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china. that put a bit of support behind the chinese currency we have seen the yuan strengthening against the greenback here it is the best rate in almost 18 months there is a question if whether the lockdowns in shanghai are easing as well which would give the chinese currency a little bit of backbone. as far as the tech stocks are concerned, though, that's been a slightly more negative story for the hong kong exchange we know many of the businesses are listed there the hong kong market off 1% through the trading session as investors are still concerned about the regulatory picture with the technology stocks and beijing going forward. i want to get to the next guest. here is what some of our guests in davos have been saying about the market turmoil >> our market has taken a setback recently because of the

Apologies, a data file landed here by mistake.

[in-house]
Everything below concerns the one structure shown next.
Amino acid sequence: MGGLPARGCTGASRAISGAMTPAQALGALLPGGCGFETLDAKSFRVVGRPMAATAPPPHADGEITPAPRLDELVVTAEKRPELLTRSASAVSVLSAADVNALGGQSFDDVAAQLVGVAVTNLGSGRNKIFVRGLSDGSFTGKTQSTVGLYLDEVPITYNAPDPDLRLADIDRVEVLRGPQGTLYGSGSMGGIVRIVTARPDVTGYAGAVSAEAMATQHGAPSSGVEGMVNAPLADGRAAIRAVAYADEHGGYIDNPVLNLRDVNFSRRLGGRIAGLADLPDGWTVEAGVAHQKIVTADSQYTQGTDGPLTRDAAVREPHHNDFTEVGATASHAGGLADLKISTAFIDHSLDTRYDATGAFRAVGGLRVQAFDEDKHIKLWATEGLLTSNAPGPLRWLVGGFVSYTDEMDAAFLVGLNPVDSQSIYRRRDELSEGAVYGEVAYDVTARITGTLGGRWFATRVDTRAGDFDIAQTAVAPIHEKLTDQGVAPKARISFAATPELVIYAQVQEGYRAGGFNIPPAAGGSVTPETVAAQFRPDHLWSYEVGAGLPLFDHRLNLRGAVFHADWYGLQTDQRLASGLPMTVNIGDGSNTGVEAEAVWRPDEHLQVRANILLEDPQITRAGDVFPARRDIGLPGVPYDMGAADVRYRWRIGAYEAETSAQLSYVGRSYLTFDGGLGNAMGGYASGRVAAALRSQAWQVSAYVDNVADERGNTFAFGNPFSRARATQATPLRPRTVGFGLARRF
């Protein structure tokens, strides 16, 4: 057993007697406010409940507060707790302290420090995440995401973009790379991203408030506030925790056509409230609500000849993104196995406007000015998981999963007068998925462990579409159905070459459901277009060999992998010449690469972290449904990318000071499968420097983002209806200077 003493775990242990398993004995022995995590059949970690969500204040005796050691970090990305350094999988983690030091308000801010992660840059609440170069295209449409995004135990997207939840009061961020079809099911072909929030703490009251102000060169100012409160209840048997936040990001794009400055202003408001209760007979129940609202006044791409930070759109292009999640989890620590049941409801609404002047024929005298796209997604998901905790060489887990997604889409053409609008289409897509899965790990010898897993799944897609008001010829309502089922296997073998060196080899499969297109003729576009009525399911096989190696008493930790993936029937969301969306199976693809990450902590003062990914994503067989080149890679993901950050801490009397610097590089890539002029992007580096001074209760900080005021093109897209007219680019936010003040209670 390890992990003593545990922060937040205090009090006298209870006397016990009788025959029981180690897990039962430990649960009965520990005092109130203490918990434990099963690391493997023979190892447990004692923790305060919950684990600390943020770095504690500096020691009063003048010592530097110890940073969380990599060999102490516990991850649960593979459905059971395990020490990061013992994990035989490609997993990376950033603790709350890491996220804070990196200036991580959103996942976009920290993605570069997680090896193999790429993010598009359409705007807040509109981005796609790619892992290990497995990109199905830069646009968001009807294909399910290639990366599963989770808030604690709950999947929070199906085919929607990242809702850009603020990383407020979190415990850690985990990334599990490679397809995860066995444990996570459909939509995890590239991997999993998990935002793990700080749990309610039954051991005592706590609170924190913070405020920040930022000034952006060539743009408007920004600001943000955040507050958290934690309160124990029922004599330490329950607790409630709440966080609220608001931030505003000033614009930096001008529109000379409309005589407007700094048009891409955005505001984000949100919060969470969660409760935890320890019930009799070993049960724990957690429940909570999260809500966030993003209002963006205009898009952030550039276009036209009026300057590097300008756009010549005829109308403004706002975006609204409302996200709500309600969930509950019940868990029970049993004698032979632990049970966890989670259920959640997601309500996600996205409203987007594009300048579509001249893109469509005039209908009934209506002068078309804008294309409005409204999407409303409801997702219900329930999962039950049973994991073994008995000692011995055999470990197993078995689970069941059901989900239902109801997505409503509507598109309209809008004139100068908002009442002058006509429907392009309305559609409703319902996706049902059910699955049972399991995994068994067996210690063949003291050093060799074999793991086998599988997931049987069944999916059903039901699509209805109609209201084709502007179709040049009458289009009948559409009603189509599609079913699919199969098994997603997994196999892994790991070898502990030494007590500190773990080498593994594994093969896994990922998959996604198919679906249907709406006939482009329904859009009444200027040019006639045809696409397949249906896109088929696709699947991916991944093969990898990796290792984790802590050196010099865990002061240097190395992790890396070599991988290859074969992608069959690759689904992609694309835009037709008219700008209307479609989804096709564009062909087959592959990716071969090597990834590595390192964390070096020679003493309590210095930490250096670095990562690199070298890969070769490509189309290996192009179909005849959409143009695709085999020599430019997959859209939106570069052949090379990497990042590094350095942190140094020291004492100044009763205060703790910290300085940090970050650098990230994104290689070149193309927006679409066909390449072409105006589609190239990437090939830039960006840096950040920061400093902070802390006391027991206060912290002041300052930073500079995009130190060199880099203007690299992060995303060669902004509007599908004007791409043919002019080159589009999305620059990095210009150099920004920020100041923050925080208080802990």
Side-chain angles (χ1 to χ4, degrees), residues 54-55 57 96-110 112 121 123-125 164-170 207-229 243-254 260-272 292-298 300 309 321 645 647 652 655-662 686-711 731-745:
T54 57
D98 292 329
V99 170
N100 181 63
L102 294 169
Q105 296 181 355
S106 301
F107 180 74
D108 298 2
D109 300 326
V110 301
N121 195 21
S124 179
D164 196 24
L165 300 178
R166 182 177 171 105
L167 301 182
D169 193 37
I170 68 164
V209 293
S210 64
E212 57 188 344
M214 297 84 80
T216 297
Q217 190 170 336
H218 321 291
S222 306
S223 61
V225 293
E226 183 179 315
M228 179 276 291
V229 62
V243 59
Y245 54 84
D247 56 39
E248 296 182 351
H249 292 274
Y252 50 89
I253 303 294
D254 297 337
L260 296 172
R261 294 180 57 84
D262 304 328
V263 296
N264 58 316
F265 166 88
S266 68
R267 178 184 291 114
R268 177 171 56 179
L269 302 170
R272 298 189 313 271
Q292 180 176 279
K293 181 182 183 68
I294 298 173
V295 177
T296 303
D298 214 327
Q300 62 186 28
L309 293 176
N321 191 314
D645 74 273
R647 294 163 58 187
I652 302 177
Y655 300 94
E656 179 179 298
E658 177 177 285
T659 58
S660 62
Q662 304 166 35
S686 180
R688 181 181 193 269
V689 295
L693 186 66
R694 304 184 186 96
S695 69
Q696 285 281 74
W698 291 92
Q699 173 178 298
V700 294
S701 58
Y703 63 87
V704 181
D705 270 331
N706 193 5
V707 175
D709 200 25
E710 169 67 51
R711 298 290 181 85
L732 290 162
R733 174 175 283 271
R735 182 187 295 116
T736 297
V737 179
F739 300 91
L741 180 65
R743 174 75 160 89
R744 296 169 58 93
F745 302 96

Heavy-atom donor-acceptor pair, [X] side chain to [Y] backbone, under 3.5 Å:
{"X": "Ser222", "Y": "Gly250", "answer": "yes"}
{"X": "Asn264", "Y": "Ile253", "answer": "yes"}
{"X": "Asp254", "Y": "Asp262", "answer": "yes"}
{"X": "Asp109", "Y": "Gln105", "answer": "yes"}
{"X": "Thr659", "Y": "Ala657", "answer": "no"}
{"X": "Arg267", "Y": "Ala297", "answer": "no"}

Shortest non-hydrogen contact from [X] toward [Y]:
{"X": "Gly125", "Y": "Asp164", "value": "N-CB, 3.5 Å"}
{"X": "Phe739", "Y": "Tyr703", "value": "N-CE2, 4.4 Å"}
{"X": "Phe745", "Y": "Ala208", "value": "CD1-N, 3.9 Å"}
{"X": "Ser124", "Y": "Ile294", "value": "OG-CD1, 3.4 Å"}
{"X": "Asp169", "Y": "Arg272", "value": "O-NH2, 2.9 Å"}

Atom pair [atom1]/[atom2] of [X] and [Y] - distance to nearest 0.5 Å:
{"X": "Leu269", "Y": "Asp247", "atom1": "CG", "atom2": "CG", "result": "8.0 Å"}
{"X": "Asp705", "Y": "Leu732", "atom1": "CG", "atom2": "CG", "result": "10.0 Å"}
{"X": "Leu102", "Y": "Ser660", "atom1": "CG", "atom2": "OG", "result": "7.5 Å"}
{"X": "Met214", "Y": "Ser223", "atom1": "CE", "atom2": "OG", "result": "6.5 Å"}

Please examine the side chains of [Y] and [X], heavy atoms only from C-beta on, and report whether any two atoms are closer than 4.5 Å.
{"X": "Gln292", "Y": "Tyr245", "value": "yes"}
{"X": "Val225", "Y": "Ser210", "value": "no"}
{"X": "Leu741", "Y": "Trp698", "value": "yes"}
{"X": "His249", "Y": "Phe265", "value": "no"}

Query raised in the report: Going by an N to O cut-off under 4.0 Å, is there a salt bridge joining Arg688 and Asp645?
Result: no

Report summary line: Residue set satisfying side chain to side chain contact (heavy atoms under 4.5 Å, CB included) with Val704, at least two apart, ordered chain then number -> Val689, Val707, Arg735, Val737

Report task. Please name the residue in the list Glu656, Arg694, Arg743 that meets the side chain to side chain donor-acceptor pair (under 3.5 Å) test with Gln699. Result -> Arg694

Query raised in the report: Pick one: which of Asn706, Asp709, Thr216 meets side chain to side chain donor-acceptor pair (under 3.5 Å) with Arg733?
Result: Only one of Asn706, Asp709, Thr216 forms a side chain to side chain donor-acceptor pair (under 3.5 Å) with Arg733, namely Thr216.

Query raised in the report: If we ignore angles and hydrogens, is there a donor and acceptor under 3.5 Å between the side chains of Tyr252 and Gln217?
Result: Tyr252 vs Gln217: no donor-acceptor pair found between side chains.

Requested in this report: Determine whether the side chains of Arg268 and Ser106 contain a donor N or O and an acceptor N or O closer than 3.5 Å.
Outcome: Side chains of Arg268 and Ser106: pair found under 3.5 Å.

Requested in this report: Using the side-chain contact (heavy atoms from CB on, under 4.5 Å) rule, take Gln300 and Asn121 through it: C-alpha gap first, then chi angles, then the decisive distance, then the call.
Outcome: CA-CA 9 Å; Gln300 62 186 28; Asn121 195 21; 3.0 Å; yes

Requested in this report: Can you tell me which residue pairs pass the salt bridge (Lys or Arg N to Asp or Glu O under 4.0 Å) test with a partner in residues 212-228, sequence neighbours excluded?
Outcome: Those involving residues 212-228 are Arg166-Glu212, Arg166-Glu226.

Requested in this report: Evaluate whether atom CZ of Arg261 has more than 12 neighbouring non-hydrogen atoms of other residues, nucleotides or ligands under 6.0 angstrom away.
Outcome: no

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liquidity issue and general market sentiment you know, as we all know markets come and go. it goes up and down. i'm confident what made hong kong a place to invest remain. >> i'm bullish on the tech giants giants we talked about two impacts. google or alphabet and meta and amazon will benefit as a result of the war >> i'm looking at companies these days and those are falling behind on digital. they are suffering you need digital technology. you need our business network to offset pressure and where we are financing transactions and timed with banks around the world and using ai to automate those companies not doing that are facing higher pressure these days